Global Vice President, Centre of Excellence, SAP Digital Supply Chain
Andy Hancock has a degree in aeronautical engineering from the university of Salford, near Manchester, England, but computing has always been a big passion - and it was this that ultimately led him to SAP.
“I did an aeronautics degree, but computer science was always a passion,” he says. “I started off with a Commodore 64 and got my first PC in 1982.” At the end of his degree, an opportunity arose to go into computer science.
Hancock says that the strict methodology of engineering is similar to computer science, “because in both there is always a right or a wrong answer, and so it was a good fit for me”.
He spent seven years as an analyst programmer, providing solutions for hospitals, schools and offices.
Hancock says of that time that “in some ways what I was doing back then is similar to my role with CoE”.
He adds: “I was helping clients plot out customer journeys. I got to understand the solutions in their portfolios very well, and was able to help clients get to this or that end goal.”
Hancock then moved on, to become a Senior Business Consultant with US computer firm, Syclo, where he remained for nearly six years before the acquisition by SAP. After a few years as a member of a Global Syclo SWAT team an opportunity to broaden his skillset in supply chains happened, and the role as a Partner Manager.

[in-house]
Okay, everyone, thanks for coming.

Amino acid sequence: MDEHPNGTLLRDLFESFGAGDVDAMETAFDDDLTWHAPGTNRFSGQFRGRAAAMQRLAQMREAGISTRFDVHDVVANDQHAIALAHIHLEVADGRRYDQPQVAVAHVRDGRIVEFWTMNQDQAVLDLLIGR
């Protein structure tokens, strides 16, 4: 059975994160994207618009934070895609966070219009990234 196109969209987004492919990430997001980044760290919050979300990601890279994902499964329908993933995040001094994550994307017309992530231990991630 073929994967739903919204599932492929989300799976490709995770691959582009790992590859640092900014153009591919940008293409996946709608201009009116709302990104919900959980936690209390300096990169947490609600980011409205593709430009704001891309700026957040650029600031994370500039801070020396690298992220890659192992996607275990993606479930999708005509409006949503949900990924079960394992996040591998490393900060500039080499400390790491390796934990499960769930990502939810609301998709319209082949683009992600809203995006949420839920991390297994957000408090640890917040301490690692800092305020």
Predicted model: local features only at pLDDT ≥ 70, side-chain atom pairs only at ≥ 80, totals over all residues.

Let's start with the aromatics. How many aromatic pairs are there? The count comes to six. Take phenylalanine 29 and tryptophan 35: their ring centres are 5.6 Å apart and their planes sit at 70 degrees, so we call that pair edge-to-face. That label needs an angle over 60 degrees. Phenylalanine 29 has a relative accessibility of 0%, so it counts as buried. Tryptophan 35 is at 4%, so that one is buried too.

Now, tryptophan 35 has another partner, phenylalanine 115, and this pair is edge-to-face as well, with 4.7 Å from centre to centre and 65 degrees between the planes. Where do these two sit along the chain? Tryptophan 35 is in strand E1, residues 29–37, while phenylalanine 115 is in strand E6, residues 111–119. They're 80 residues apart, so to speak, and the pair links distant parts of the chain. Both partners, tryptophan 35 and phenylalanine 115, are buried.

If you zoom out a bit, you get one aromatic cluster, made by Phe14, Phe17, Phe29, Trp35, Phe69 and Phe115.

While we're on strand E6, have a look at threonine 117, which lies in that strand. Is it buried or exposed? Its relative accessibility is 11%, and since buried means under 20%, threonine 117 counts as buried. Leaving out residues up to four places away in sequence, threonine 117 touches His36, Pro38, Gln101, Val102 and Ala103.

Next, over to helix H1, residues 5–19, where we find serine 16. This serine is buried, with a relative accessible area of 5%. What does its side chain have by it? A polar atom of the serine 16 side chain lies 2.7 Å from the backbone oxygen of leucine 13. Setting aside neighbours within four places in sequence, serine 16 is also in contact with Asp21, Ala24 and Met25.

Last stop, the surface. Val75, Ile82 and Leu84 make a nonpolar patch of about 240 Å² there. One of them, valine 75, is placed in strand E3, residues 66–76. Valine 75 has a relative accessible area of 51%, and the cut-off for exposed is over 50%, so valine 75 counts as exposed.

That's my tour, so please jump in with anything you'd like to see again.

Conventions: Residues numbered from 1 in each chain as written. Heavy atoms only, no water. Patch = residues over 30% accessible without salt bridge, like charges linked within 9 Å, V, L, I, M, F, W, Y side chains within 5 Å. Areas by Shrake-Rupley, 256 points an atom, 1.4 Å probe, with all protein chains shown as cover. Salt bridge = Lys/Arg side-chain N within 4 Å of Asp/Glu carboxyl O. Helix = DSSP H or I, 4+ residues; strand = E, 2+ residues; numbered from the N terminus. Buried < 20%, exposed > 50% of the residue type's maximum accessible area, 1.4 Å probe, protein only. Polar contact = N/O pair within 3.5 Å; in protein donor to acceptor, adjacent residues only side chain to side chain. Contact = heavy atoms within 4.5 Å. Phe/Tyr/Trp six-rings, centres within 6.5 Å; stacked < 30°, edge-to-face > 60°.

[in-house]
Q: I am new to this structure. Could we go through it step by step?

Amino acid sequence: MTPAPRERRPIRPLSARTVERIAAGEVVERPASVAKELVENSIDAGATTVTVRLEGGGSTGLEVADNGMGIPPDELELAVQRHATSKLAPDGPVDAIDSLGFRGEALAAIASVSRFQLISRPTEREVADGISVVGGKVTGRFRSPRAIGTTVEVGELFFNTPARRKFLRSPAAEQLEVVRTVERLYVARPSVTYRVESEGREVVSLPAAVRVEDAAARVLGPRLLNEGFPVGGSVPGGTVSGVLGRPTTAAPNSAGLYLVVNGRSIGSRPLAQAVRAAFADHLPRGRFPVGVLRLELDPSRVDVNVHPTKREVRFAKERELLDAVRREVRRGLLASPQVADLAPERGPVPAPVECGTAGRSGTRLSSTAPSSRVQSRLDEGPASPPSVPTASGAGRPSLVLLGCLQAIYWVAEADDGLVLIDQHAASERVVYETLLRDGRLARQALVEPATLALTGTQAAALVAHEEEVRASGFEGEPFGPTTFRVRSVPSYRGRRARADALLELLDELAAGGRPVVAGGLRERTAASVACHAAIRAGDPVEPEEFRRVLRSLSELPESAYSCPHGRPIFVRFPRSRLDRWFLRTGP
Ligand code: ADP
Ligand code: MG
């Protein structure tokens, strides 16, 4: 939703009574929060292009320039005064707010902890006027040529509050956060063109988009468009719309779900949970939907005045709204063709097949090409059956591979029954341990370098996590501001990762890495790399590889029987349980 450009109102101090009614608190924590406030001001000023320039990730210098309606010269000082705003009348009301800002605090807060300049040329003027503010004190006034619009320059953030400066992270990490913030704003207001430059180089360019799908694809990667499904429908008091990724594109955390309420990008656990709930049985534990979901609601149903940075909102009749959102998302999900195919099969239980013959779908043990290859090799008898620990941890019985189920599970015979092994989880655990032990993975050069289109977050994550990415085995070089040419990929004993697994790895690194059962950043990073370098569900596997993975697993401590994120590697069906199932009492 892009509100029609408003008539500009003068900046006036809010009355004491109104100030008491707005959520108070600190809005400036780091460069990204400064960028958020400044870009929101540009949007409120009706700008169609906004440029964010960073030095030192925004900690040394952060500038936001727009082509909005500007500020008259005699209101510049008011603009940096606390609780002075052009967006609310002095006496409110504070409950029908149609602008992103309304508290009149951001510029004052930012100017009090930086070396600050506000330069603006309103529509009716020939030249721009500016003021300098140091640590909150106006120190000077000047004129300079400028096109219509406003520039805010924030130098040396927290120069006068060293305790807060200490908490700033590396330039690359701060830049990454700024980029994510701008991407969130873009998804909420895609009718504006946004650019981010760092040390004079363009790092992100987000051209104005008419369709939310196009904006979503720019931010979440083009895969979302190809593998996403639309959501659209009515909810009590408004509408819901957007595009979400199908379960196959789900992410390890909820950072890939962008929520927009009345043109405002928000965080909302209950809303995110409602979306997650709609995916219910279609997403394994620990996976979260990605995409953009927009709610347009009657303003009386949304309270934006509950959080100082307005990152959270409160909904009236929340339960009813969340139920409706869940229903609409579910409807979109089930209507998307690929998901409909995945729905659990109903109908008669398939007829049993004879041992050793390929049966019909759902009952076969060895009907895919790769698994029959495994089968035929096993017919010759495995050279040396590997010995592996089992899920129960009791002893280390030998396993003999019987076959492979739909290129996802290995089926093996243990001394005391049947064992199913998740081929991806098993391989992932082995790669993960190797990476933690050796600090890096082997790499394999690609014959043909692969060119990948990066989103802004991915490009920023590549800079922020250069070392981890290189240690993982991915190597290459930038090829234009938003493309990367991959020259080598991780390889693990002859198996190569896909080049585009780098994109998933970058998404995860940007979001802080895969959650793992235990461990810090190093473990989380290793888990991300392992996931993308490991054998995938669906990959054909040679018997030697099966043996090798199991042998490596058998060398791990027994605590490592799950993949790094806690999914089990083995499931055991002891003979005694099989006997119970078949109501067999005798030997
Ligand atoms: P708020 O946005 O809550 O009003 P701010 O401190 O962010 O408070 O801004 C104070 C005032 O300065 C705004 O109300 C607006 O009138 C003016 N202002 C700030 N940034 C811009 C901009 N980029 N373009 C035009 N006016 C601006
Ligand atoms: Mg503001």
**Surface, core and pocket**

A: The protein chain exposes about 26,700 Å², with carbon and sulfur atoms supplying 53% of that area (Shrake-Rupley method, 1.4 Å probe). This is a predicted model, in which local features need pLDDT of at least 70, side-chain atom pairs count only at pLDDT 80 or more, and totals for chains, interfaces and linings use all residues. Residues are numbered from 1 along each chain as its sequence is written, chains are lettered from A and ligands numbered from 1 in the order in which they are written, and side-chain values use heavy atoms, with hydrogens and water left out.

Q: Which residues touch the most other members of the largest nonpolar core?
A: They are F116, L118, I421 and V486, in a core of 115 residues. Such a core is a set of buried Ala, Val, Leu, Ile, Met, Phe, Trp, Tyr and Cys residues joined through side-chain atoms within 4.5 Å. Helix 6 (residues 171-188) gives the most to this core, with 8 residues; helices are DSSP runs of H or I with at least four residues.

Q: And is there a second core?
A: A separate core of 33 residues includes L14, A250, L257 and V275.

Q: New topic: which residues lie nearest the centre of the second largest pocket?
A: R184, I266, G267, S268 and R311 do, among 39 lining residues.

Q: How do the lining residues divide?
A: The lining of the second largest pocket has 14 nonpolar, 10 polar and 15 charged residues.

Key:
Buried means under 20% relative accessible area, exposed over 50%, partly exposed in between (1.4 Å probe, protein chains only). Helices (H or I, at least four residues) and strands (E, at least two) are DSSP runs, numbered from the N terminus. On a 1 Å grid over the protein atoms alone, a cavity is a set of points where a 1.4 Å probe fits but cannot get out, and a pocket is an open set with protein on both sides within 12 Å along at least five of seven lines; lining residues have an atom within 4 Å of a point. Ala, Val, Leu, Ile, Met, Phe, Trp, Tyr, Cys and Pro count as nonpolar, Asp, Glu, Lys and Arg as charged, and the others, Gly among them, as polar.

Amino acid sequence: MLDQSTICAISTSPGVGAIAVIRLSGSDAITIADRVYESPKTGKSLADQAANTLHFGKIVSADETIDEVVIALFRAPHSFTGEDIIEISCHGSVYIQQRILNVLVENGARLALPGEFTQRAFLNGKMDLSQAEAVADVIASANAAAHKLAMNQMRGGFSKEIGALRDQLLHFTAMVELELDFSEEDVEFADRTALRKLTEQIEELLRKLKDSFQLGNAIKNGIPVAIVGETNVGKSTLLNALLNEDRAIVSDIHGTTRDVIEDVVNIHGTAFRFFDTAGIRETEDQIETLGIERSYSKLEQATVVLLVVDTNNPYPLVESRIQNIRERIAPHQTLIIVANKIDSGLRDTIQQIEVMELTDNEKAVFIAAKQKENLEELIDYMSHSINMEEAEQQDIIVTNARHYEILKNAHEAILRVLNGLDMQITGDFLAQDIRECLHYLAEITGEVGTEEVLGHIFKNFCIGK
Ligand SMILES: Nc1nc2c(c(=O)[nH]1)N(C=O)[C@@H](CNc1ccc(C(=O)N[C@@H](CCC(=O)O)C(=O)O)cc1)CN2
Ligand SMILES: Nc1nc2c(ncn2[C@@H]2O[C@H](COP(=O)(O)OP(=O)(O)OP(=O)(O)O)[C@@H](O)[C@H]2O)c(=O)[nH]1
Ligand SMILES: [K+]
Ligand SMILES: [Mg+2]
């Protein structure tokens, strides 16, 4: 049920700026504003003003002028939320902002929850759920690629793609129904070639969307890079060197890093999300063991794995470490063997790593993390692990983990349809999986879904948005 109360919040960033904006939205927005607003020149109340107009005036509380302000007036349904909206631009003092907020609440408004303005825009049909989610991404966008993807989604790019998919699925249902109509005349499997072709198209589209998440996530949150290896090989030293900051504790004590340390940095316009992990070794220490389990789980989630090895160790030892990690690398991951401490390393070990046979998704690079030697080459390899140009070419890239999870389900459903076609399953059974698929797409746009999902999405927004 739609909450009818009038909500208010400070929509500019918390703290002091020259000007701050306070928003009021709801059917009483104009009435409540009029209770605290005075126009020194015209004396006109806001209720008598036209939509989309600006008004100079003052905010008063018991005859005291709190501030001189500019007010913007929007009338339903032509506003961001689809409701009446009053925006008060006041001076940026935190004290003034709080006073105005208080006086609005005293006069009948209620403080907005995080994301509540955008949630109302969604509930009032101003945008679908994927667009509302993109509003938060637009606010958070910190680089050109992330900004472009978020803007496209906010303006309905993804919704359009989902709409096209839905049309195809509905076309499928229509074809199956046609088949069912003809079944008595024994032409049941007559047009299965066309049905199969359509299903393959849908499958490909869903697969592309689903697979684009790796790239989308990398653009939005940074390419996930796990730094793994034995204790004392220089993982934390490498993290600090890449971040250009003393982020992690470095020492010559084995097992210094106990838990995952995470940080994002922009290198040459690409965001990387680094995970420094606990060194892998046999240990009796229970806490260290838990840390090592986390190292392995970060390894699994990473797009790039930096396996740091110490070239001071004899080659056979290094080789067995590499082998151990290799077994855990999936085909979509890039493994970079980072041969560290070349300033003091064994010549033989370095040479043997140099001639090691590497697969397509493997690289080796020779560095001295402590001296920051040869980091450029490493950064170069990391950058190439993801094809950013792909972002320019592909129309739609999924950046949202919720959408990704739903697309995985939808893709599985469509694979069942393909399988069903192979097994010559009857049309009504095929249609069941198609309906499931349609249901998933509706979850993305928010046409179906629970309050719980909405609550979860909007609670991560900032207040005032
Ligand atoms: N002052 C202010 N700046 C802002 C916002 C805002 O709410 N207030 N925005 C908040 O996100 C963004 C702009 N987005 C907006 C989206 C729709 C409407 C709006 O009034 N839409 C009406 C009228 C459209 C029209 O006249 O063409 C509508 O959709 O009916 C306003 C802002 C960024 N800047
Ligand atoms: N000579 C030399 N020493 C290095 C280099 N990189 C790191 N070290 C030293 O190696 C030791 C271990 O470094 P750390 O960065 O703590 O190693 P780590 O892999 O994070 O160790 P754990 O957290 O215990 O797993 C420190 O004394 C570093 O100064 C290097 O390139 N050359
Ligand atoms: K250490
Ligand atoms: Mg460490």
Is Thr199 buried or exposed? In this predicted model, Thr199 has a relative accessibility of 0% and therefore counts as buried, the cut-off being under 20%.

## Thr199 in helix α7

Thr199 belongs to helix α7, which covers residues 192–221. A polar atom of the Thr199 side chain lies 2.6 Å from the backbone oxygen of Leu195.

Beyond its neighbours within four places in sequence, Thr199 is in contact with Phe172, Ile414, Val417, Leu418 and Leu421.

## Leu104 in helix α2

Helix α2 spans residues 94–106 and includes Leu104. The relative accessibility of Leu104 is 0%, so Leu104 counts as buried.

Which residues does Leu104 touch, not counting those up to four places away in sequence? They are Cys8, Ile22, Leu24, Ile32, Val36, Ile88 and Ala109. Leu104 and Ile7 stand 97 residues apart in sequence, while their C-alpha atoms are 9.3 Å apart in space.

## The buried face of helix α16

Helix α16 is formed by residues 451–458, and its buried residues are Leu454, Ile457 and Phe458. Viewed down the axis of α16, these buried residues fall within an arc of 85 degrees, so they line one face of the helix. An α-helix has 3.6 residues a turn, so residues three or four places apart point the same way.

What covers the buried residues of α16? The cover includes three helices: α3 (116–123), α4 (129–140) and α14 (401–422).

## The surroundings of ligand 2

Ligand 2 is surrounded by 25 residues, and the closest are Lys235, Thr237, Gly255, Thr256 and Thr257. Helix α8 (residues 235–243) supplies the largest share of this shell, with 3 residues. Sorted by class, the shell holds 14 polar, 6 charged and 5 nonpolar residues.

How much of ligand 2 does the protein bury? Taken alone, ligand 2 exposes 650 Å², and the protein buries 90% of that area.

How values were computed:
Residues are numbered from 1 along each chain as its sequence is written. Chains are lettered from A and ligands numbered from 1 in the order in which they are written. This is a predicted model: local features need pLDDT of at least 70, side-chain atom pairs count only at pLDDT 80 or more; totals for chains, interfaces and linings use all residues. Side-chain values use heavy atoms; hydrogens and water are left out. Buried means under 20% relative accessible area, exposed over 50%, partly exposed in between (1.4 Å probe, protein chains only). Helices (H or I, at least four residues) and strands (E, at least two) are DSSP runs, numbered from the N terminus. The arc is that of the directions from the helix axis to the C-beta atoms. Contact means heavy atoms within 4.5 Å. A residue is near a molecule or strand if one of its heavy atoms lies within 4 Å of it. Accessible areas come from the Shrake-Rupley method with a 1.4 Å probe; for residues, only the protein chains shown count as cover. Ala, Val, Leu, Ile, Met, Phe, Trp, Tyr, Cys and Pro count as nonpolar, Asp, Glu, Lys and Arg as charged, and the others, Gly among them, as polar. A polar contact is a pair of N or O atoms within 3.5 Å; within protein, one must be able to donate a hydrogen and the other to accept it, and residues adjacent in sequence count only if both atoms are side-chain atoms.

After working in digital supply chain innovation with SAP for four years, he was appointed to his current role, with CoE.
Hancock says that his engineering background has been a real help with his work for CoE.
He says: “My engineering background has helped me at SAP because my specialty is with asset–intensive industries, and all the technology that is around that. My stakeholders or customers are very often chief engineers or heads of asset management, and they also understand the machine side of things. They’ve come up through a similar route as me. I can always have a good conversation about pain points with them.”
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With price increases continuing across the globe, we need to be vigilant and dynamic when anticipating outcomes which yield to calculation and therefore prediction.